One of the central responsibilities of my department Business Assurance is to ensure that all departments around the world are in compliance with ‘the Novo Nordisk Way’ and our ethical standards. One of our functional areas, Group Internal Audit, travels around the world to conduct these business ethics audits, and as a part of my rotation here I had the pleasure to take part in one of them.
As a result, I am now based at our office on the 11th floor in Tehran, Iran.
We are now half way through the 10-day trip and I can easily conclude that this country is nothing like we first expected – and only in a positive way. Before arriving to Tehran I was a little concerned about how it would be to work as a woman, due to the mandatory dress code, not being allowed to shake hands with anyone, and other rules that applies to females. The first day at the office I came covered from top to toe, not showing a single glimpse of hair, only to meet the female employees with loose hanging headscarves, who greeted everyone welcome with a firm handshake. I was also positively surprised to find out that the majority of managers in the affiliate were women. Talk about changing prejudices!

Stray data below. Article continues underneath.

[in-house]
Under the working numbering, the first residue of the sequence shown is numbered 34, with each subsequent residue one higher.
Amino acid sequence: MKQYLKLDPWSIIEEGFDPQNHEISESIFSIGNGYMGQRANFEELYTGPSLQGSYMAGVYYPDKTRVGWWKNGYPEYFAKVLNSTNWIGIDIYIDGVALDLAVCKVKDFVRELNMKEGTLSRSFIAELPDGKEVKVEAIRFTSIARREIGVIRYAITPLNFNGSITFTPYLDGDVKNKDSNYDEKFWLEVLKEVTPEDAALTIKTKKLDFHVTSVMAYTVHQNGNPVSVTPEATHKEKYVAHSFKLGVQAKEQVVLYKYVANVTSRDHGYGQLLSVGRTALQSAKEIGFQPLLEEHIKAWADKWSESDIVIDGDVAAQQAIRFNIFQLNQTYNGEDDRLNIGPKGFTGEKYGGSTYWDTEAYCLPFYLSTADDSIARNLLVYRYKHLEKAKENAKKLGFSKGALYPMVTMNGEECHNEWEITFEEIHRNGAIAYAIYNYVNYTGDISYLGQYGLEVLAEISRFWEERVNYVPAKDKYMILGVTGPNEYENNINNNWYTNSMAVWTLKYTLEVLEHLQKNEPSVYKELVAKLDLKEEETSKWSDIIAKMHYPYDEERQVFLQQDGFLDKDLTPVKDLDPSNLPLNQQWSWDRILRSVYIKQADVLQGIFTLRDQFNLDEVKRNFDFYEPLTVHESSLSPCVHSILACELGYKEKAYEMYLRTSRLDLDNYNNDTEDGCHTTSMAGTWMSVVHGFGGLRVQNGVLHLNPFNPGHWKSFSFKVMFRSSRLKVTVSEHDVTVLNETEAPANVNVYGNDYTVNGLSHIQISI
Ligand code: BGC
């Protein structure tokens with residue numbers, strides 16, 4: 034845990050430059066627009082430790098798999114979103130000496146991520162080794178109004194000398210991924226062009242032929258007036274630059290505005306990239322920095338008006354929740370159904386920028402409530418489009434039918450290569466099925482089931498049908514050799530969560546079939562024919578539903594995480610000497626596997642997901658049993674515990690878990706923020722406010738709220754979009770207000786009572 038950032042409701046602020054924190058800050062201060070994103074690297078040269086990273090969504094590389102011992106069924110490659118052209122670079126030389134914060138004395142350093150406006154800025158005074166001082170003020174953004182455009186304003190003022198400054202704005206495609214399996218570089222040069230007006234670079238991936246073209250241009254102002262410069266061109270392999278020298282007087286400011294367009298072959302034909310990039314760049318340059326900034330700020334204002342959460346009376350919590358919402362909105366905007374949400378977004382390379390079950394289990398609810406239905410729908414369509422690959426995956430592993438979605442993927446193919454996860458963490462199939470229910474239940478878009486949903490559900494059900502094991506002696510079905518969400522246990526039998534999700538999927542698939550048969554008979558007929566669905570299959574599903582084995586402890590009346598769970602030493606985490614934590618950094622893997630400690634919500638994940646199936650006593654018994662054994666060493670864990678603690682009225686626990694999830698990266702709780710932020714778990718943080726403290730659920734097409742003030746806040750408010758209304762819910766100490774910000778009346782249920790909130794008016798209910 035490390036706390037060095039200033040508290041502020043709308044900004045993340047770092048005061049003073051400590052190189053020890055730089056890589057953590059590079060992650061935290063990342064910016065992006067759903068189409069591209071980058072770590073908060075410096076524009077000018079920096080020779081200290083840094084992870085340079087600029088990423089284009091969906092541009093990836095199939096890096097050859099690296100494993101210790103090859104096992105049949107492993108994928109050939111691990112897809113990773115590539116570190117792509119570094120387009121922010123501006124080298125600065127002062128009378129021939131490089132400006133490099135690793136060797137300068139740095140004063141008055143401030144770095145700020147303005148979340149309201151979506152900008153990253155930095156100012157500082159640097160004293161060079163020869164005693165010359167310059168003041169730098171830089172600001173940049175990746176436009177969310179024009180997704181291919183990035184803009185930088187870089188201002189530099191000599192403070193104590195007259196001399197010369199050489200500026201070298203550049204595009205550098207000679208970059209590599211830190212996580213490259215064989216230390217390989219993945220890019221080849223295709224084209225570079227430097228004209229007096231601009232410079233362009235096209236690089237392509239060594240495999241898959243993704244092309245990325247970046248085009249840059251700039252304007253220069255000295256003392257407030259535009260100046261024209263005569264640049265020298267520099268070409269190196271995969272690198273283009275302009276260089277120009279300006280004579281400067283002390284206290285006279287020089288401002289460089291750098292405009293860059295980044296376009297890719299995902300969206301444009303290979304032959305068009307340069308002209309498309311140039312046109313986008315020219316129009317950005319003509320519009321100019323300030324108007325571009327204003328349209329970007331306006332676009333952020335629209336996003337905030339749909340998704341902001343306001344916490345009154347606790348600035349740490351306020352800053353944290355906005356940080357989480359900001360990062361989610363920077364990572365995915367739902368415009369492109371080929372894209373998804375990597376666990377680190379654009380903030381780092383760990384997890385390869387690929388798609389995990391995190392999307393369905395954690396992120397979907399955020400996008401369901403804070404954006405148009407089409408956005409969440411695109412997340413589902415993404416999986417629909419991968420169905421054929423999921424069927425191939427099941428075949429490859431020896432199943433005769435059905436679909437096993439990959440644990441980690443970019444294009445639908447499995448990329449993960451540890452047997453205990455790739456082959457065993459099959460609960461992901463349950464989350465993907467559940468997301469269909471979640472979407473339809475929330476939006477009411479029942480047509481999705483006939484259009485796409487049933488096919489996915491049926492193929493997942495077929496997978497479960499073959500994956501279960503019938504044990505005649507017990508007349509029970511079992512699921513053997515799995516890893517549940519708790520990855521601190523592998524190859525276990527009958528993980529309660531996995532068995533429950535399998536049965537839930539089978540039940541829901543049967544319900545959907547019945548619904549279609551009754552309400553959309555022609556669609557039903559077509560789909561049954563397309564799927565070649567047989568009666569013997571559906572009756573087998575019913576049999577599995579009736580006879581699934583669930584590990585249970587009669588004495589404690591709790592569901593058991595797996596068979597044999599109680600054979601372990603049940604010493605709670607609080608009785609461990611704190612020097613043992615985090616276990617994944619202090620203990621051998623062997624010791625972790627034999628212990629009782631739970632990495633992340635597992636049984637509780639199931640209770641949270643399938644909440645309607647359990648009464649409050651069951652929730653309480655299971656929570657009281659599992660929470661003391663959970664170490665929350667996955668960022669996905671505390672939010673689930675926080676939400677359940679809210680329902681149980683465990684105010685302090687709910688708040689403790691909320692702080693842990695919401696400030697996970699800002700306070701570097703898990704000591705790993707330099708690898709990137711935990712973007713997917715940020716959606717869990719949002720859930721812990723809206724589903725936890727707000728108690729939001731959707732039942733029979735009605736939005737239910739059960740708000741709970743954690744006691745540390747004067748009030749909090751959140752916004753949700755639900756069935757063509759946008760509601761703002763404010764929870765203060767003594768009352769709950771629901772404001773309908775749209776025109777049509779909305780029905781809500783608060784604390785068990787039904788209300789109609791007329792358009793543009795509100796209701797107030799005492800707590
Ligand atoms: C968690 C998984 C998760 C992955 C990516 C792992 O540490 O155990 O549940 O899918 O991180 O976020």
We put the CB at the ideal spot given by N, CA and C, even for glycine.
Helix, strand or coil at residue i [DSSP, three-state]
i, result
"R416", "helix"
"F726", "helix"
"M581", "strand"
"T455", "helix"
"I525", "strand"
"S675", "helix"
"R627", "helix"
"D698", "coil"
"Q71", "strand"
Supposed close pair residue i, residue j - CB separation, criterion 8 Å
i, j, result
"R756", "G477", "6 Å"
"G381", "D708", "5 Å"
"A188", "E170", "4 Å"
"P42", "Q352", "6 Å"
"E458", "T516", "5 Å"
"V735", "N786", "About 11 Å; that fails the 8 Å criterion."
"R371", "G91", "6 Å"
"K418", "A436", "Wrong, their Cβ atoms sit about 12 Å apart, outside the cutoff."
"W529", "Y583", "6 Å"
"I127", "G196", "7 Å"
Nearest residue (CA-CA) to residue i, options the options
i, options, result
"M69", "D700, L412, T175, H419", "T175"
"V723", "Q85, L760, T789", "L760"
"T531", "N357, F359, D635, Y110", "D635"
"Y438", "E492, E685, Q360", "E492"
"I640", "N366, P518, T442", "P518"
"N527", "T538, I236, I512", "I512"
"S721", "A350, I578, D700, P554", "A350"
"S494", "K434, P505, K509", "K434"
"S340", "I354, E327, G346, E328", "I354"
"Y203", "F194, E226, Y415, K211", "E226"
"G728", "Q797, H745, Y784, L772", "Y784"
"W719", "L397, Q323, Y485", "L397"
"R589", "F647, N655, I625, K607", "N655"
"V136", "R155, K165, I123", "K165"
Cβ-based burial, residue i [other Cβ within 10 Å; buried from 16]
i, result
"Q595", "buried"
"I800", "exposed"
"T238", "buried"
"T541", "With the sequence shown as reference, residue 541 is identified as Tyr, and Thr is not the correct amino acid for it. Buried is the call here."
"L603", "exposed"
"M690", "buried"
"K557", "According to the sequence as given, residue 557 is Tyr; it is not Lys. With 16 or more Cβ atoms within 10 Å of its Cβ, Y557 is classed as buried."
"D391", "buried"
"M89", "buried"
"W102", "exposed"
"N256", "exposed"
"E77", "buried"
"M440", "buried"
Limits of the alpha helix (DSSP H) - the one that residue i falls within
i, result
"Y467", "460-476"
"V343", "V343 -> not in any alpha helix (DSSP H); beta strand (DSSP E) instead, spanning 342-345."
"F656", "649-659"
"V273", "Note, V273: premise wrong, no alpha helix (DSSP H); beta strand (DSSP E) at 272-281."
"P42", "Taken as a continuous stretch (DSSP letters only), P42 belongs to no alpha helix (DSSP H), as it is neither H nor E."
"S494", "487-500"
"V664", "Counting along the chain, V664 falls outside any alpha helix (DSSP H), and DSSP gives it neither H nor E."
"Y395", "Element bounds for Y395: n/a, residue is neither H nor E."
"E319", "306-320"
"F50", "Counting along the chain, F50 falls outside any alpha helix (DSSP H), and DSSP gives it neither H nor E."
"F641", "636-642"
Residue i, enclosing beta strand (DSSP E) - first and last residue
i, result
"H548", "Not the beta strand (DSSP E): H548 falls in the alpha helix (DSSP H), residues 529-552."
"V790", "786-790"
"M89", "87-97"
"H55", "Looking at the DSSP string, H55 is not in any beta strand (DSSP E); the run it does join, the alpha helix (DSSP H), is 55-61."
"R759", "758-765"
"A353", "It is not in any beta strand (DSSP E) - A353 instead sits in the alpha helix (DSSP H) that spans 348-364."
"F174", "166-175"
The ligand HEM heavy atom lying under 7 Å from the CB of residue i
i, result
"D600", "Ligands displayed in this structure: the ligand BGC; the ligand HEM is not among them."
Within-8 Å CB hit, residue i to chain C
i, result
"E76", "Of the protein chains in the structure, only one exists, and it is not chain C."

We spent the weekend in Tehran for some sightseeing. We hadn’t have time to plan the sightseeing before arriving, but we did not even had to land in Tehran until I had a notebook filled with travel advice from curious Iranians at the flight, who wanted to make sure we got the best experience in their country. And that has continued for all days here. The people here are extremely open and friendly, and some have even invited us home to their families on traditional Persian dinners and events.
The city itself is also quite unique and offers everything from crowded Bazaars, shopping, beautiful palaces and mosques, and when you feel like a sip of fresh air the cable cars takes you up to the mountains where you can overlook the entire city.
One of the advantages of working for a global company like Novo Nordisk, is that you get endless opportunities to travel and see the world. Today I am enjoying life in Iran, and only a month from now I will be moving to Istanbul for my second rotation. Without sounding too cliché, that is what I call a life-changing career :-)